Saturn/Pluto brings the reality principle of Saturn into a meeting with the transformative power of Pluto, often resulting in a depth (Pluto) of truth (Saturn) and a total transformation (Pluto) of reality (Saturn):
The Saturn/Pluto combination often shows up as the challenges and privations of Saturn, and the discipline and self-sufficiency that come from facing such, deepened and empowered by Pluto. The following quotes by the philosopher Friedrich Nietzsche exemplify this dynamic: “That which does not kill us makes us stronger.” “Fear is the mother of morality.” “To live is to suffer, to survive is to find some meaning in the suffering.” “One has to pay dearly for immortality; one has to die several times while one is still alive.” “It is not when truth is dirty, but when it is shallow, that the lover of knowledge is reluctant to step into its waters.”
The Saturn/Pluto combination can be seen in the charts and movies of actors Bruce Willis and Mel Gibson. The Die Hard series of movies starring Bruce Willis, in which Willis plays the role of an everyman who has to risk his life again and again to stop terrorists, demonstrate the tendency of the Saturn/Pluto combination to deepen (Pluto) the threat of mortality (Saturn) while simultaneously empowering (Pluto) discipline and self-sufficiency (Saturn). Mel Gibson’s Mad Max series of movies takes place in a world in which there is a shortage (Saturn) of power (Pluto). Gibson’s character “Max” embodies the depth (Pluto) and seriousness (Saturn) of this combination. The movie Apocalypto, written, directed, and produced by Gibson, tells the story of the mortal dangers (Saturn) of nature (Pluto) and the ending (Saturn) of an entire mass of people (Pluto).
Examples of how hardship creates authority can be seen in the Saturn/Pluto combinations of the RZA and the GZA, founding members of the hip hop group, Wu-Tang Clan. Saturn is the archetype of burden, constriction, hardship, as well as responsibility, maturity, and authority. Pluto deepens and intensifies what it touches to life or death proportions.
We often see Pluto deepening and intensifying the Saturnian archetype of constriction and hardship, forcing lessons of survival. Both the RZA and the GZA grew up in impoverished surroundings. Of his childhood the RZA states in his autobiographical account, The Tao of Wu,
“Imagine you’re eight years old, going to the store with thirty-five cents to buy a pack of Now and Laters and a bag of sunflower seeds. You get there, three teenagers choke you with an umbrella, take your thirty-five cents, and buy cigarettes…imagine you live with eighteen relatives in a two-bedroom apartment across the street from the courthouse and the county jail. You wonder why the jail and courthouse are so close to the projects; when you get locked up there a few years later, you learn…in 1978 my mother, who worked in a numbers house, hit the number for about four g’s—enough money to move eight of us into a three-bedroom place on Dumont Avenue. This was in Marcus Garvey, a violent ghetto, but for a minute there we felt like the white kids on the TV show Eight is Enough: eight kids with toys, bikes, and a new home. But before we could move in, the place was robbed. All our stuff—toys, bikes, furniture—was gone, right before Christmas…in times of heavy rain, human excrement floated by under our basement-level bedroom, where me and my five brothers slept on two twin beds. No one chooses to live like that…”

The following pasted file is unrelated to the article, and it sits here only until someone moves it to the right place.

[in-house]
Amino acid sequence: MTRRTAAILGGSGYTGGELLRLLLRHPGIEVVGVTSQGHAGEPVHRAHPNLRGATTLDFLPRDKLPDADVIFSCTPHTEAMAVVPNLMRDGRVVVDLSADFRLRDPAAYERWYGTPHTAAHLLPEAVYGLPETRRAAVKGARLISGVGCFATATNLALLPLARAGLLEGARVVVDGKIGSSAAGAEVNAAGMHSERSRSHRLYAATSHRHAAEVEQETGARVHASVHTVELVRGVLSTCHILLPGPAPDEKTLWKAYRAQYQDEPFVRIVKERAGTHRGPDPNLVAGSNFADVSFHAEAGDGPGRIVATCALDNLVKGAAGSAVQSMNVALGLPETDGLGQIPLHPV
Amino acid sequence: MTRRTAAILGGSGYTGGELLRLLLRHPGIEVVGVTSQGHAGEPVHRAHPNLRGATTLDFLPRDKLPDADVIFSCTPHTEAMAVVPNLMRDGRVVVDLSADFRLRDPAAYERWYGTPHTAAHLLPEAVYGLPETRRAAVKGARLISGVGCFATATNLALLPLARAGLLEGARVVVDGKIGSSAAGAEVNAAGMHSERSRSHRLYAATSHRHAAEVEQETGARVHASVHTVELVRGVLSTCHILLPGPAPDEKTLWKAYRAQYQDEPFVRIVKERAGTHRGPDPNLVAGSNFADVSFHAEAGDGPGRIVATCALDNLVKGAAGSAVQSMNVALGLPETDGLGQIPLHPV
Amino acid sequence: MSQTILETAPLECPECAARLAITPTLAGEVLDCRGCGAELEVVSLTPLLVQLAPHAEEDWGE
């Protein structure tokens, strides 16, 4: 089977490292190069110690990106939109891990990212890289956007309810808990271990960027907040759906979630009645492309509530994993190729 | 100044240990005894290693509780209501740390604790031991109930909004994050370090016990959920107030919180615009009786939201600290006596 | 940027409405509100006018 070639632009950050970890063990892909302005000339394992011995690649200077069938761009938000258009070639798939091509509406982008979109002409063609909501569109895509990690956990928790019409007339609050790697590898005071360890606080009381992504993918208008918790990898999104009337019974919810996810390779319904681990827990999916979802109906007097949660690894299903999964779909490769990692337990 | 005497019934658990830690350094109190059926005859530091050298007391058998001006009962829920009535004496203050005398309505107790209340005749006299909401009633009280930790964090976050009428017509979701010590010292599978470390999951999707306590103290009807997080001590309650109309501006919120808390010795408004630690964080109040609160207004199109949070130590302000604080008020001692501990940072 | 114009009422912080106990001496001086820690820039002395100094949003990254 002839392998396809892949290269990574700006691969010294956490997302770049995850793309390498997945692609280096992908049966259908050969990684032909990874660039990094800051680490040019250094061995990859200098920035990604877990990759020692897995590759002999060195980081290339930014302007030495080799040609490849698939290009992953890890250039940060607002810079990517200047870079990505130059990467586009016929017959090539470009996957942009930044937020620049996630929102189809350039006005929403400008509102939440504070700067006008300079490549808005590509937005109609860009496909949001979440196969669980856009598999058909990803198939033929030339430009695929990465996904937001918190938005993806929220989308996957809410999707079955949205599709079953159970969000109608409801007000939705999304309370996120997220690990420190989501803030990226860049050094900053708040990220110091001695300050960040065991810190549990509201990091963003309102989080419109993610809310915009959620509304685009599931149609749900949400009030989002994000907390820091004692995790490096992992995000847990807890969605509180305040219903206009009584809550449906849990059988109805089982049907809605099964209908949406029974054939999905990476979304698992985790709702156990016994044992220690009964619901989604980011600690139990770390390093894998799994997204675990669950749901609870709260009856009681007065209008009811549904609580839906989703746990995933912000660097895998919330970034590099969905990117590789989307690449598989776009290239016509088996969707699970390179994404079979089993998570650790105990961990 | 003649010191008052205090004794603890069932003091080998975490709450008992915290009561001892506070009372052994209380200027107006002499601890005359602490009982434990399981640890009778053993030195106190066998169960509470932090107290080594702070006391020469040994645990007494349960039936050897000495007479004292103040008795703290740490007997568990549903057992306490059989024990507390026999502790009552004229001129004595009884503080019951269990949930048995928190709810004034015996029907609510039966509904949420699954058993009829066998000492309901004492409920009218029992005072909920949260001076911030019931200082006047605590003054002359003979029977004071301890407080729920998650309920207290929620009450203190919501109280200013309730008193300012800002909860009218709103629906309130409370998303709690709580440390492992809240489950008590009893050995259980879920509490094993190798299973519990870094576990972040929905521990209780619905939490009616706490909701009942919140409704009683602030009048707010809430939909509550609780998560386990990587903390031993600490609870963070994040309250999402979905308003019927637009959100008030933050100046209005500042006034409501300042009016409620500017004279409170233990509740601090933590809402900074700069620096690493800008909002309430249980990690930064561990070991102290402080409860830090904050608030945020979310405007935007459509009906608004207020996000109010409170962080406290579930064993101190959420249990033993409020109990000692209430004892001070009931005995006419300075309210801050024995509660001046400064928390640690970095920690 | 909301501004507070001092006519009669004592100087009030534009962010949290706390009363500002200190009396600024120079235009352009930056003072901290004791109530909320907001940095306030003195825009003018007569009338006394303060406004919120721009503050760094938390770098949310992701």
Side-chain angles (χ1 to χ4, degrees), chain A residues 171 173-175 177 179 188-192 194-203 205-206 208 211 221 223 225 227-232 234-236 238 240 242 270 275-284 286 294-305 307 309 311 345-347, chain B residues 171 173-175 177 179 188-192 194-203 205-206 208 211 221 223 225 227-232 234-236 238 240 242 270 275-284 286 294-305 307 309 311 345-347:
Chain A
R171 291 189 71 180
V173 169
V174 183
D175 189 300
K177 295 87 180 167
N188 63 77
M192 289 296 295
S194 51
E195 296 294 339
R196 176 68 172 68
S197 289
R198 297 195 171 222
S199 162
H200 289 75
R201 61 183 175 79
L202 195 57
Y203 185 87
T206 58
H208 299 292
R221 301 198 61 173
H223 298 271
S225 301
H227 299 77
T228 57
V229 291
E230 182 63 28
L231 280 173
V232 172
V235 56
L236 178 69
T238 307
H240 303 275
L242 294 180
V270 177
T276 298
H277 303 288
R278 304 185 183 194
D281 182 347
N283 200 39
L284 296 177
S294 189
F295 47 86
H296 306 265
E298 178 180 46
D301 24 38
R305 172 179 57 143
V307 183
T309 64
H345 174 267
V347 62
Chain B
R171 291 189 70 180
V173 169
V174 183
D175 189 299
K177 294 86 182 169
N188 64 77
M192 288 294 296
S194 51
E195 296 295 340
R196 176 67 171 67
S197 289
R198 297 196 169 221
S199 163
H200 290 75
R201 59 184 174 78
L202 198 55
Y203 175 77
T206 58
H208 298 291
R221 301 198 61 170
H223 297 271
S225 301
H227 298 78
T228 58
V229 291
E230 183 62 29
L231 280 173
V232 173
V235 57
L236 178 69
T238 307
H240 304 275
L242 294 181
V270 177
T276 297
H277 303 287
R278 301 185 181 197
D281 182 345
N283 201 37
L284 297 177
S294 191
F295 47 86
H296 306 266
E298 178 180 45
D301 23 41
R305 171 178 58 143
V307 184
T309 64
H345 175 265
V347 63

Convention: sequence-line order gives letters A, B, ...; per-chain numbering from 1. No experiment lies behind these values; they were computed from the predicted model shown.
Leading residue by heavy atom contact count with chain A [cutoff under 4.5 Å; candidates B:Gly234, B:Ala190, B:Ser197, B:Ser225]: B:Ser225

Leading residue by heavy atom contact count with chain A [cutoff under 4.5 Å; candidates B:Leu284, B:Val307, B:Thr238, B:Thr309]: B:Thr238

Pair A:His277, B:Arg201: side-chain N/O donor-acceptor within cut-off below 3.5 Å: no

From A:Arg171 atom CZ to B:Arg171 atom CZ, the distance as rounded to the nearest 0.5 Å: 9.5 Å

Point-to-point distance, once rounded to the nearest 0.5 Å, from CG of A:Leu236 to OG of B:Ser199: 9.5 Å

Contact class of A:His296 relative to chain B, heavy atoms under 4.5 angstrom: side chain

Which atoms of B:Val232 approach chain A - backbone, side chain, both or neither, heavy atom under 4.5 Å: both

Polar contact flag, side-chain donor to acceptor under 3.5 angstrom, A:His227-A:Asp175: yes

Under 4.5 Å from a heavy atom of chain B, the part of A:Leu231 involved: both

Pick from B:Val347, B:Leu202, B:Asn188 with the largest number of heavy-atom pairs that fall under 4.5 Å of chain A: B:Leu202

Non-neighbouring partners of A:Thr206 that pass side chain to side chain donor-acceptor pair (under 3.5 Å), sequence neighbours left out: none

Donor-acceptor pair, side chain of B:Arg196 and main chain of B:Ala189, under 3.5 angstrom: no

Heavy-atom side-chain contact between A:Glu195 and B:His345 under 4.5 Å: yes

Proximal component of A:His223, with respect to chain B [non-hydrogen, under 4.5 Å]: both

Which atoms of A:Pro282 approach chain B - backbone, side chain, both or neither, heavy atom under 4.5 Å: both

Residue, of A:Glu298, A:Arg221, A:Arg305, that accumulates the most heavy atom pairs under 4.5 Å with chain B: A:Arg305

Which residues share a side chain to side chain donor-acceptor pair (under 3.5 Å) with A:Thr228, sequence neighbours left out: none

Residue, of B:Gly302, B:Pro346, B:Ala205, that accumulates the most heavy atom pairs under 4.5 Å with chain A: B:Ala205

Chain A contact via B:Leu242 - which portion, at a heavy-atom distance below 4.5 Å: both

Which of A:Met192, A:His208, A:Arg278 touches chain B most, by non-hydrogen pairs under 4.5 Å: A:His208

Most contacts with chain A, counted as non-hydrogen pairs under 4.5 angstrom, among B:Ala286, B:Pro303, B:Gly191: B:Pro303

In his lyrics for the song “I Gotcha Back,” the GZA says,
“…I’m from Brooklyn, a place where stars are born, streets are shot-up, apartment buildings are torn and ripped up…kids are slinging in my lobby, little Steve and Bobby, getting paid but it’s a life-threatening hobby…My life-style was so far from well, could of wrote a book with a title “Age Twelve and Going Through Hell.” Then I realize the plan, I’m trapped in a deadly video game with just one man… What is the meaning of crime? Is it criminals robbing innocent motherfuckers every time? Little shorties take walks to the schoolyard, trying to solve the puzzle to why is life so hard. And as soon as they reach the playground, shots ring off, and now one of them lay down. It’s so hard to escape the gun-fire, I wish I could rule it out like an umpire.”
Here we see the Saturnian element of hardship driven to an overwhelmingly burdensome and life-threatening degree by Pluto. This combination of Saturn and Pluto in hard aspect can be one of the most difficult archetypal combinations. Yet, as with all combinations of the archetypes, the deeper the challenge, the deeper the potential strength. The other side of Saturn is responsibility and authority. The RZA states,
“I made my first trip down there (to Ohio) at the age of nineteen, and that time I came with righteousness. I brought my book of Lessons and started teaching Mathematics to anyone who wanted to learn. Before long I had about twenty students. We’d meet every day at the town library, and soon our group got so big that they moved us to a community center. Then other community leaders started showing up and we started running roundtable discussions. We talked about Divine Mathematics, but also geometry, biology, and all sorts of other subjects. It was like a seminar of the streets.”
Add to Saturn’s element of authority the intensification of Pluto and you have the moment when the RZA founded the Wu-Tang Clan and asked each member to join:
“I had the contracts ready. I said give me five years and I will take us to number one. It was a long conversation, eye-to-eye, man-to-man. I said that no one could question my authority. It had to be a dictatorship.”
In both the RZA’s and the GZA’s life we see the combination of Saturn and Pluto manifesting as both the hardship and the authority earned from facing such hardship.